MNN Awards: Rumble's success could be bigger than Ben-Hur 

RUMBLE Resources lifted itself out of the ranks of Australia's penny dreadful explorers in April 2021 off the news its Earaheedy Basin drilling had uncovered a rich, thick, zinc-dominated deposit and, while a resource is still some time off, the system just keeps growing.
MNN Awards: Rumble's success could be bigger than Ben-Hur  MNN Awards: Rumble's success could be bigger than Ben-Hur  MNN Awards: Rumble's success could be bigger than Ben-Hur  MNN Awards: Rumble's success could be bigger than Ben-Hur  MNN Awards: Rumble's success could be bigger than Ben-Hur 

Haydn Black


Rumble managing director Shane Sikora told MNN the project had come to dominate the company's focus, and while it may have looked like an overnight success last year it was the culmination of a five-year plan to develop a sustainable exploration company.
Founded a decade ago, Rumble had been scrabbling about in Western Australia's Fraser Range and Eastern Goldfields before it recruited technical director Brett Keillor and decided to switch its strategy.
Sikora told MNN if you want to find and develop a deposit, you want the kind of people who have done it before, which the eminently qualified Keillor has, having twice been AMEC's Prospector of the Year, for the Marymia gold discovery in 1998 and IGO's Tropicana discovery in 2012.
He's played a role in the discovery and development of seven globally significant orebodies, most recently the Karlawinda gold deposit.
"He has been critical in our success. We've been able to harness the technical nous of someone who's an expert in everything from early stage exploration to discovery," Sikora said.
Keillor generated a range of targets, and Rumble got out the chequebook, securing a string of low-cost options that gave it the rights to undertake first pass work.
"It was our drill-to-kill strategy, to inform if we should pass or move on. We had seven projects and have killed four," Sikora said.
In 2017 it optioned the Chinook-Magazine project in the Earaheedy Basin from Zenith Minerals, which still retains a 25% interest.
The discovery hole in April 2021 delivered 34m at 4.22% zinc-lead from 66m, including 17m grading 6.65% from 73m. 
The Tonka discovery followed last December.
So far, nearly every hole drilled at Chinook and the now joined Tonka-Navajo-Magazine prospects have hit mineralisation, and it has started seeing even higher grades in the Kalitan Feeder Zone.
Chinook was given a 40 million tonne exploration target, but given Tonka alone has twice the strike, it has now been boosted to between 100-120Mt grading 3.5%-to-4.5%.
It had found evidence of copper and has described five styles of mineralisation now defined across multiple deposits.
"We're working on a maiden resource in the back end of next year, but we can see this is only going to get bigger, because we still haven't found the edges," Sikora said.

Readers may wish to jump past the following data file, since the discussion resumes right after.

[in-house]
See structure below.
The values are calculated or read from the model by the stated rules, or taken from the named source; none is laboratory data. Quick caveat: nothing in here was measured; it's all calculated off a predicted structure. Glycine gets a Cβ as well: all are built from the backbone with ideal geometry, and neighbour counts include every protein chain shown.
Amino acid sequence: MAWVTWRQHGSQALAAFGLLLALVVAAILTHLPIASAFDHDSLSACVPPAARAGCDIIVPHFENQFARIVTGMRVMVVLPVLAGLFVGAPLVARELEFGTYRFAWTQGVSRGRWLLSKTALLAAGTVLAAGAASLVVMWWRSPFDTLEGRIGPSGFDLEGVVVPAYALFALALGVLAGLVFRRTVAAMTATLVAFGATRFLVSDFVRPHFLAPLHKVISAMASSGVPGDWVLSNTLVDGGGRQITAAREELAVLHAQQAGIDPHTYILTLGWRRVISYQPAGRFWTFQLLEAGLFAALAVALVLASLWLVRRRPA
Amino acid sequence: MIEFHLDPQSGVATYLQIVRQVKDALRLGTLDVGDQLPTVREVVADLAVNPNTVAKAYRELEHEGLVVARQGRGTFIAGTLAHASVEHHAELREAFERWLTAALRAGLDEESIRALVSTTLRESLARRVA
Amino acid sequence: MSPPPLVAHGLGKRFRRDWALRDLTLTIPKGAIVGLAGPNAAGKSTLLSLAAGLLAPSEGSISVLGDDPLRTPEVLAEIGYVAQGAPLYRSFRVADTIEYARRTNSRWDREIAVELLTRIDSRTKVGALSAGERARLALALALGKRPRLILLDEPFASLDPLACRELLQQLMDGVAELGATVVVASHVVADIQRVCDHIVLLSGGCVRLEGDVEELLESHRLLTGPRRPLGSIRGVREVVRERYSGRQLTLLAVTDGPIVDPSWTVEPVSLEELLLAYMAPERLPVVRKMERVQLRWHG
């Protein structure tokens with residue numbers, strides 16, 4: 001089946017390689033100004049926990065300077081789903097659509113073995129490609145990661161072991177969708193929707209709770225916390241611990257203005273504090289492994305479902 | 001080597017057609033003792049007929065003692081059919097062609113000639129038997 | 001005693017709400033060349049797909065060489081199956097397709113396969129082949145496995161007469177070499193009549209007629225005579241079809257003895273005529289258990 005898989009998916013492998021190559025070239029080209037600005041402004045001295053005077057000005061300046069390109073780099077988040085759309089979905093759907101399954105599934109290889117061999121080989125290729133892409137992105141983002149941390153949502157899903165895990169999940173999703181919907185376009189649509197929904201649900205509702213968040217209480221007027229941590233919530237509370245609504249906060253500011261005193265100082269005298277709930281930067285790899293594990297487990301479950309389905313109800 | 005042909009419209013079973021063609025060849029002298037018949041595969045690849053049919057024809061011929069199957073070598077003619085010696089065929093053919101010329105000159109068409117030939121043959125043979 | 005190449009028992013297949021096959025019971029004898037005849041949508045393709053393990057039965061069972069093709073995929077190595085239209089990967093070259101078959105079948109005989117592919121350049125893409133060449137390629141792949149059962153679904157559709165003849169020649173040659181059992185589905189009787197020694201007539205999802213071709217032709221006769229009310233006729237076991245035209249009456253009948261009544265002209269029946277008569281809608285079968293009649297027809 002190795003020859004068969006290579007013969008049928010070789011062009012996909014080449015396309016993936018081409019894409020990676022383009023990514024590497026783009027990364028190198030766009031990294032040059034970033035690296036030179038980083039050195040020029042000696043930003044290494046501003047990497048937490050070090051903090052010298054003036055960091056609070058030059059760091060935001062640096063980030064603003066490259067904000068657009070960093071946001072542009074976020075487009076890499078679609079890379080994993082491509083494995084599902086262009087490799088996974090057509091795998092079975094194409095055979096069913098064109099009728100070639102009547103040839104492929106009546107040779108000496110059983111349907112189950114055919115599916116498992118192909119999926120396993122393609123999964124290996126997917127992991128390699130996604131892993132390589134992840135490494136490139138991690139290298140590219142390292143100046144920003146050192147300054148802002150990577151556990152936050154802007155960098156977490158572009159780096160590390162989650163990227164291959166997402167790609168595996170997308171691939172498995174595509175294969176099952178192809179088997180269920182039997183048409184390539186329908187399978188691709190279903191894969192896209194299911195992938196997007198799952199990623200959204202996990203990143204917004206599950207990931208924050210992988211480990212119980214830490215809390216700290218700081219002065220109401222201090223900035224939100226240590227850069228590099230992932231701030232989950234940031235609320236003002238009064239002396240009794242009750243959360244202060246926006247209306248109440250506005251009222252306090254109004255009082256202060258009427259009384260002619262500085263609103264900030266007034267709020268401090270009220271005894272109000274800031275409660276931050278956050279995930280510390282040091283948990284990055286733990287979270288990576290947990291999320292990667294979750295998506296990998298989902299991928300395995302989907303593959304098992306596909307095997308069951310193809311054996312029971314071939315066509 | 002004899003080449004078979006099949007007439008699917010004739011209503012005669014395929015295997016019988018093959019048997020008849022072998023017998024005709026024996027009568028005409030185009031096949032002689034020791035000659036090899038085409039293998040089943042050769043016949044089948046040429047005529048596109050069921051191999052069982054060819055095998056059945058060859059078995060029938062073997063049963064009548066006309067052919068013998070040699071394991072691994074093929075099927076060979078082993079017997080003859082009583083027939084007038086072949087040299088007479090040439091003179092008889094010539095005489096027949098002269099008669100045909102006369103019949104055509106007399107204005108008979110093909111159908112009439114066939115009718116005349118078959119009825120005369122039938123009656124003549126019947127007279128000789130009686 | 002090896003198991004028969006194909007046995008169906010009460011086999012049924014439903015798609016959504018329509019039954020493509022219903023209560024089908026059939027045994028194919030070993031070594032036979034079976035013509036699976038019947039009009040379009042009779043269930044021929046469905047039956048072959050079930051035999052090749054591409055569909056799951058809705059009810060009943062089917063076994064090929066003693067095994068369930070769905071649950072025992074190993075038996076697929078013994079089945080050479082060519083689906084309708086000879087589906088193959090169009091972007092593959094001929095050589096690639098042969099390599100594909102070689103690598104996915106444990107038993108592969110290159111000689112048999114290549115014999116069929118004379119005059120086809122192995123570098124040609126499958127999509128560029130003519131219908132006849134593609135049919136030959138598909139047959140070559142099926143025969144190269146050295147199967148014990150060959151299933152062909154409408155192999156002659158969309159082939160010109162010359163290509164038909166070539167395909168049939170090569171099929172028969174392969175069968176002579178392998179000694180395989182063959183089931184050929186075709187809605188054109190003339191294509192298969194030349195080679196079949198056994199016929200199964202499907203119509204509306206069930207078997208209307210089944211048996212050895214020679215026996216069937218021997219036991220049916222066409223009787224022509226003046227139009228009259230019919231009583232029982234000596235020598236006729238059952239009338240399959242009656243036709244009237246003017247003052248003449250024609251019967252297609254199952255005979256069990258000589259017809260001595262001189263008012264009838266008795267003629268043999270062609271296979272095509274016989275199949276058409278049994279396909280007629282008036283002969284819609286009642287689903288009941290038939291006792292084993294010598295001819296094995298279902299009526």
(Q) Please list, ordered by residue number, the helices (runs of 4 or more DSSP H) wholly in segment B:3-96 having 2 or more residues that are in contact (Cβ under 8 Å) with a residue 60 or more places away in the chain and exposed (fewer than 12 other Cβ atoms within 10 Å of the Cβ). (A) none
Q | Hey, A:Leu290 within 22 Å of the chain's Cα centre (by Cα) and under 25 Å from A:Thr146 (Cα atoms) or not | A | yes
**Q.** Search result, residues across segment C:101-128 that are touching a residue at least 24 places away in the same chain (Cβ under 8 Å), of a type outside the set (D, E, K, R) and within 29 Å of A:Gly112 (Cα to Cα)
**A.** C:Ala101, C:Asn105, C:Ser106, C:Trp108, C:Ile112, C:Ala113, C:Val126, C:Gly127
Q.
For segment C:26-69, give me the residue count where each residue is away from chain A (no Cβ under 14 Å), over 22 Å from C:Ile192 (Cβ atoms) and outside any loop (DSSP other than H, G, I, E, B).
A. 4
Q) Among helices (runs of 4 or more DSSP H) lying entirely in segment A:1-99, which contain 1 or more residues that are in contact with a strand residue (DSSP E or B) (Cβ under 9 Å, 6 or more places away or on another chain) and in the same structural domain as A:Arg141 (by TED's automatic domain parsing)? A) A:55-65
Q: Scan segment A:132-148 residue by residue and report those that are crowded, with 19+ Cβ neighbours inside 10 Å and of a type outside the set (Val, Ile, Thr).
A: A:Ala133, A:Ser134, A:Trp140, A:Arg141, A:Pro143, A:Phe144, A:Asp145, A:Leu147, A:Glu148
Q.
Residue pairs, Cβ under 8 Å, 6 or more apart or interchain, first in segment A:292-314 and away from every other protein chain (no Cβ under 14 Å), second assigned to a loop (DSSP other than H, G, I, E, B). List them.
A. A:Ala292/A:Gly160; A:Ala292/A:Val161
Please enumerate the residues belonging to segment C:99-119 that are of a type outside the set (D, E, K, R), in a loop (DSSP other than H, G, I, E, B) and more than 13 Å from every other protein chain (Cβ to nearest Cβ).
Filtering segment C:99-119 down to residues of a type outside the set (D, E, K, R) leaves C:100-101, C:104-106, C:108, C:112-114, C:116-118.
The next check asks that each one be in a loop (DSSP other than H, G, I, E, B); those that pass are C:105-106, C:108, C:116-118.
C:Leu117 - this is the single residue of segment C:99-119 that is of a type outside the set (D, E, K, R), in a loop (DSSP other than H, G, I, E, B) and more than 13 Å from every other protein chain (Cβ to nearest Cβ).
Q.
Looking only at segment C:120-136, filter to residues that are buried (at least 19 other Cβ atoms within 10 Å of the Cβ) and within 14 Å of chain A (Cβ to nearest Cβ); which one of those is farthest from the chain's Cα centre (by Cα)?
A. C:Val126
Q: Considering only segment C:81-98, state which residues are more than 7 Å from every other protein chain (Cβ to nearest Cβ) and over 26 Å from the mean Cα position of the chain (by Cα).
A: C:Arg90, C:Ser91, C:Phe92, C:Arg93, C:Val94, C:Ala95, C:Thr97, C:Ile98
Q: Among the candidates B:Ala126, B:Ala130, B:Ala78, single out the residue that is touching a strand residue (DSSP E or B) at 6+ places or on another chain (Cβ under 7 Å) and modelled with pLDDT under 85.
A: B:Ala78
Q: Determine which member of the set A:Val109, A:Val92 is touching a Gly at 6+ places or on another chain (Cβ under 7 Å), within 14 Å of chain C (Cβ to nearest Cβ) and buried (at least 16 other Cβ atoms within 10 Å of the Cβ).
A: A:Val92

The Earaheedy Basin was always known to be prospective but hadn't seen a lot of attention.
Renison Goldfields had completed some drilling in the early 2000s, finding zinc, but the area was remote and challenging, and the zinc price was much lower, so the area languished.
There's also a hard iron sequence in the area, and a lot of the prior drilling stopped in that zone, or just below it, as rigs lacked the power to punch through it.
"We also had the same issues, so we used mud doctors and specialists to work better drilling method. It took us about 2-3 months to master with high-powered drilling," Sikora said. 
The persistence paid off.
Similar settings have delivered large base metal discoveries around the world, and Rumble is betting its resource will be world-class, and support a development of a large, shallow, and flat-lying orebody that unlike most zinc-lead deposits globally can be developed an economic open pit, not a more costly underground.
"This is a zinc-dominant sulphide deposit already, and now we're regularly getting 5% plus zinc in the feeder zones, so we think there's potential for this to become a supergiant deposit, and one of the world's best mines," Sikora said.
"We think this is still the tip of the iceberg. We've achieved exceptional results from our technical team, and the next 6-12 months will be even more exciting."
Its next target will be Sweetwater, a 15km trend that has just two holes into it.
"There's no reason the mineralisation won't extend from Chinook," he said. 
"We're still at the beginning of this journey."
The company has tested just 15% of the prospective 90km of strike, and had focused on just one of three targets, the Navajoh Dolomite.
The deeper Purple Shale (which can be up to 70m thick) and Iroquois formation (which can be up to 280m thick) are still to be tested, but there is every expectation they will add tonnes given drilling by others in the area.
With zinc now dubbed a critical metal, and shortages of 7Mtpa expected from the middle of the decade, any development would be well timed. 
*Rumble Resources is a nominee for Explorer of the Year in the 2022 MNN Awards.

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